# Sum of probability density functions, exponential distribution

Let $X_1$ and $X_2$ be iid with pdf $$f(x)=\lambda e^{-\lambda x}, \quad \lambda>0, \quad x \in (0, \infty)$$ Find the density function of $Z = X_1+X_2$.

I tried to solve it using this formula: $$f_Z \left( z \right) = \int_{-\infty}^{\infty} f_X \left( z - y \right) f_Y \left( y \right) d y$$

$$\lambda^2 \int_{-\infty}^{\infty} e^{-\lambda (z-w)} \cdot e^{-\lambda w} dw= \lambda^2 \int_{-\infty}^{\infty} e^{-\lambda z} dw$$ but the integral diverges...

I tried the second way: $$F(x) = 1-e^{-\lambda z} \quad Z=X_1+X_2 = 2X_1$$

$F_{2X_1}(z)=P(2X_1 \le z) = P(X_1 \le \frac{t}{2})=1-e^{\frac{-\lambda}{2} z} \\$

$f_Z(z)=\frac{-\lambda}{2} e ^{\frac{-\lambda}{2} z}$ Is it ok?

Which way is good?

• $f_X(x)\neq e^{-x}$ when $x$ is negative. – T.J. Gaffney Dec 7 '15 at 21:43
• Your second attempt seems successful. – T.J. Gaffney Dec 7 '15 at 21:44
• For the first attempt, integrate from $z$ to infinity. The second attempt is wrong, $2X_1$ and $X_1+X_2$ have very different distributions. – André Nicolas Dec 7 '15 at 21:49

Specifically, you should be guided by the general result $X_{1}+X_{2} \sim Gamma(2, \lambda)$. In particular, using convolution you should integrate over $(-\infty, z]$, because, as @Gaffney said, the pdf is $0$ for negative values. Hence,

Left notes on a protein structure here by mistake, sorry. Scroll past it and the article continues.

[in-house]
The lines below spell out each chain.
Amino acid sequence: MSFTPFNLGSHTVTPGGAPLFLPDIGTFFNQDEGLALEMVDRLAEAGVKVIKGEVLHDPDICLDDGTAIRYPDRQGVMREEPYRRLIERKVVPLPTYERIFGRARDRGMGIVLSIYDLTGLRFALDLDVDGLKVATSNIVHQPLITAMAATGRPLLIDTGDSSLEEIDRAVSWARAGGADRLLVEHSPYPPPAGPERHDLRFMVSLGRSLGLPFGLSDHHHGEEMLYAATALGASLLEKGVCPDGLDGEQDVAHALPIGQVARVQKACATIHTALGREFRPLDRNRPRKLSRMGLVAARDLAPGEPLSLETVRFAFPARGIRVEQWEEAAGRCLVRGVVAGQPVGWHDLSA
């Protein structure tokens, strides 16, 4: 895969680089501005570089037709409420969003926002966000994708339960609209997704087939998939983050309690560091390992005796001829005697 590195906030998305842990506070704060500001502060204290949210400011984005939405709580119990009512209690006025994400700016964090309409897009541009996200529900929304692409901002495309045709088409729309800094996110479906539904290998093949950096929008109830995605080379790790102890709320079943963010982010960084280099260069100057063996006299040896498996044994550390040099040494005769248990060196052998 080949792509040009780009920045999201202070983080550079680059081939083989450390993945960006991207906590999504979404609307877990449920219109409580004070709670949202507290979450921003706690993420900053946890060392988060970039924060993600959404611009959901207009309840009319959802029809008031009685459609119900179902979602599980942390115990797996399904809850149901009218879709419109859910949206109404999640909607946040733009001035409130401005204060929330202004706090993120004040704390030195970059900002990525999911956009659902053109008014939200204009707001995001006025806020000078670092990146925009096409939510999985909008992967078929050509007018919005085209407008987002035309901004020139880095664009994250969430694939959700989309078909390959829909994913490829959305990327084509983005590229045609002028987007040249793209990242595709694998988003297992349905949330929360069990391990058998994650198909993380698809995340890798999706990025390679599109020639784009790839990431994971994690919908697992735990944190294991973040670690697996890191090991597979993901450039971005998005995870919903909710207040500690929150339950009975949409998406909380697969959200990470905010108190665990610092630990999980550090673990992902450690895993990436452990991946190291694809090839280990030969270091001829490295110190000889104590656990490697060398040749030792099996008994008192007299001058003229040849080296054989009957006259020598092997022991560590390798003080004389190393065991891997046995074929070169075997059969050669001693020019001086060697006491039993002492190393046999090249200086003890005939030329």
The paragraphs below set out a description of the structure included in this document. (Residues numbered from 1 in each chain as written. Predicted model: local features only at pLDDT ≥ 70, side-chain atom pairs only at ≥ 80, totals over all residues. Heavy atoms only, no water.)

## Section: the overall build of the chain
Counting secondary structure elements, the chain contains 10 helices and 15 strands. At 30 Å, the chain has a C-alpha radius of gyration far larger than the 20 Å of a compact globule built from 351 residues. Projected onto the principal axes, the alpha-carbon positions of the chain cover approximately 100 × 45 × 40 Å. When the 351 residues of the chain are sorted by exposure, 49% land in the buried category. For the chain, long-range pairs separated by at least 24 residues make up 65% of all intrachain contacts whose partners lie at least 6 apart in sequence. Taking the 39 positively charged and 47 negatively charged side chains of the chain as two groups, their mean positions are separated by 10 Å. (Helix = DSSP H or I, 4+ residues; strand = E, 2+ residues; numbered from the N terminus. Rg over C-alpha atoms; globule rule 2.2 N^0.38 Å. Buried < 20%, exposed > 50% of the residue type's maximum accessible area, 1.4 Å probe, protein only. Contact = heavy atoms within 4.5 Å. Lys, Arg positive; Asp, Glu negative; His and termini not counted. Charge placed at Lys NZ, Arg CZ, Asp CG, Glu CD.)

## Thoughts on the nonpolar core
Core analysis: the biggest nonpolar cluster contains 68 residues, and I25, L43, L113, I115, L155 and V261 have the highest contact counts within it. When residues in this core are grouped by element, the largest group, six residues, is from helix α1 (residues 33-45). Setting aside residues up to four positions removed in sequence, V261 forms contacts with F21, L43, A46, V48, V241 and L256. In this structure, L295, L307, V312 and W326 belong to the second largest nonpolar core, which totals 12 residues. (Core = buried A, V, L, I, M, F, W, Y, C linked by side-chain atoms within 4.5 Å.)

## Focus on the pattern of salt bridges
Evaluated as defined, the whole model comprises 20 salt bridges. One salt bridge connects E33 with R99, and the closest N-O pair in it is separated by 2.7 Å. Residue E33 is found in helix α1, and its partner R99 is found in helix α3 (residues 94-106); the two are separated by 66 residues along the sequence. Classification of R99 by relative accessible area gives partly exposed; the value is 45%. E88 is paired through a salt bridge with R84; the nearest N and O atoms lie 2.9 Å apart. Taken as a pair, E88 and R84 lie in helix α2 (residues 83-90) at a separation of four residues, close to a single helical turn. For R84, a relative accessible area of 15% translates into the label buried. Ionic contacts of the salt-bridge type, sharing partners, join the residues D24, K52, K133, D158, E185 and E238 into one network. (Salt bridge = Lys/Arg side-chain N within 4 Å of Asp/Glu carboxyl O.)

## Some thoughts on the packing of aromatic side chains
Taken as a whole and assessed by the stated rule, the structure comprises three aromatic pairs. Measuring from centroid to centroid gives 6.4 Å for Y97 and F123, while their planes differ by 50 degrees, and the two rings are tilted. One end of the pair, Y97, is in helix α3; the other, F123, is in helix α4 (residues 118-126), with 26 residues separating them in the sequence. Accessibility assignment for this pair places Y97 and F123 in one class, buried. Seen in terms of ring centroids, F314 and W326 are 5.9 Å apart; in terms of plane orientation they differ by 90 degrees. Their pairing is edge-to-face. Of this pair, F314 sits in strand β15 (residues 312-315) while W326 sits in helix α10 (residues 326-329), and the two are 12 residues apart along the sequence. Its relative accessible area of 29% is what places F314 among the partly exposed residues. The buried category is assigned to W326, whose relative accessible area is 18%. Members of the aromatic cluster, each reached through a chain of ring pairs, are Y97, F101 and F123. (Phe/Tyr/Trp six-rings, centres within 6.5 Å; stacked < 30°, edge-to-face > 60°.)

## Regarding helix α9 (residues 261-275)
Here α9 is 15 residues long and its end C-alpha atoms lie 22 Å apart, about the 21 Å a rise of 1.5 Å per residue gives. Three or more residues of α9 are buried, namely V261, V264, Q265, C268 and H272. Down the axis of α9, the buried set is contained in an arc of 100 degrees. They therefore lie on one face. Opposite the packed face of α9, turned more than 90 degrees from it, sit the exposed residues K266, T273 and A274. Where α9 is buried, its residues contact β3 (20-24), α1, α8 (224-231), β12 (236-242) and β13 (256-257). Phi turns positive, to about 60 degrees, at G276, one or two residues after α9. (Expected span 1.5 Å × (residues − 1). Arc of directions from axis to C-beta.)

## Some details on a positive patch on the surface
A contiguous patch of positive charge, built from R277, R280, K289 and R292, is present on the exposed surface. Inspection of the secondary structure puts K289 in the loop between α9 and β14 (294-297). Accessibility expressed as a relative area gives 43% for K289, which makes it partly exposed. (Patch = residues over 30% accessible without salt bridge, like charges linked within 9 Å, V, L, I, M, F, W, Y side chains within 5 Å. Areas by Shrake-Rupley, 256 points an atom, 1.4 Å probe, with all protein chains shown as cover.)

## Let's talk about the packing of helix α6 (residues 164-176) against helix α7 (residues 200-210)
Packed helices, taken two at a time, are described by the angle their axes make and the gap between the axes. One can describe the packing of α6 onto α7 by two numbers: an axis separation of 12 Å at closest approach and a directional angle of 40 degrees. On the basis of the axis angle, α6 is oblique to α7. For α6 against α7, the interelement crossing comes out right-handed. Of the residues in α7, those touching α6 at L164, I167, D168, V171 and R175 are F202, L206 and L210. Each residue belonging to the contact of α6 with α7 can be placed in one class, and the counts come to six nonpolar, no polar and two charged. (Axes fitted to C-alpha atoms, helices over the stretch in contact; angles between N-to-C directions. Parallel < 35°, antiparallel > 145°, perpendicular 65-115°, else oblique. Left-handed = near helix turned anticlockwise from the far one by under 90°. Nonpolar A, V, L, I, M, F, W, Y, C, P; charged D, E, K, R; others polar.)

\begin{align} f_Z \left( z \right) &= \int_{-\infty}^{z} f_X \left( z - y \right) f_Y \left( y \right) \mathrm{d} y\\ &= \int_{-\infty}^{z} \lambda e^{-\lambda\left( z - y \right)} \lambda e^{-\lambda y} \mathrm{d} y \\ &=\lambda ^2 e^{-\lambda z}z, \quad z\ge 0 . \end{align} Which is pdf of $Erlang(2,\lambda)$. Another possible way to show it is by using MGF of the exponential distribution.
• I don't get it why the limits are $-\infty$ and $z$. y >=0. – maro Dec 7 '15 at 22:07
• @maro You are right. I corrected the answer. Regrading the limits - note that $f _{X}(z-y) =0$ for $y > z$, because the support of the exponential r.v is $[0,\infty)$. – V. Vancak Dec 7 '15 at 22:11
• So is $Gamma(2, \lambda)$ (the same as) = $\lambda ^2 e^{-\lambda z}z$? – maro Dec 8 '15 at 23:28
• @maro Yes, more formally: $\frac{\lambda^2}{\Gamma(2)}e^{-\lambda z}z^{2-1}$, where $\Gamma(2) = (2-1)!$. – V. Vancak Dec 8 '15 at 23:40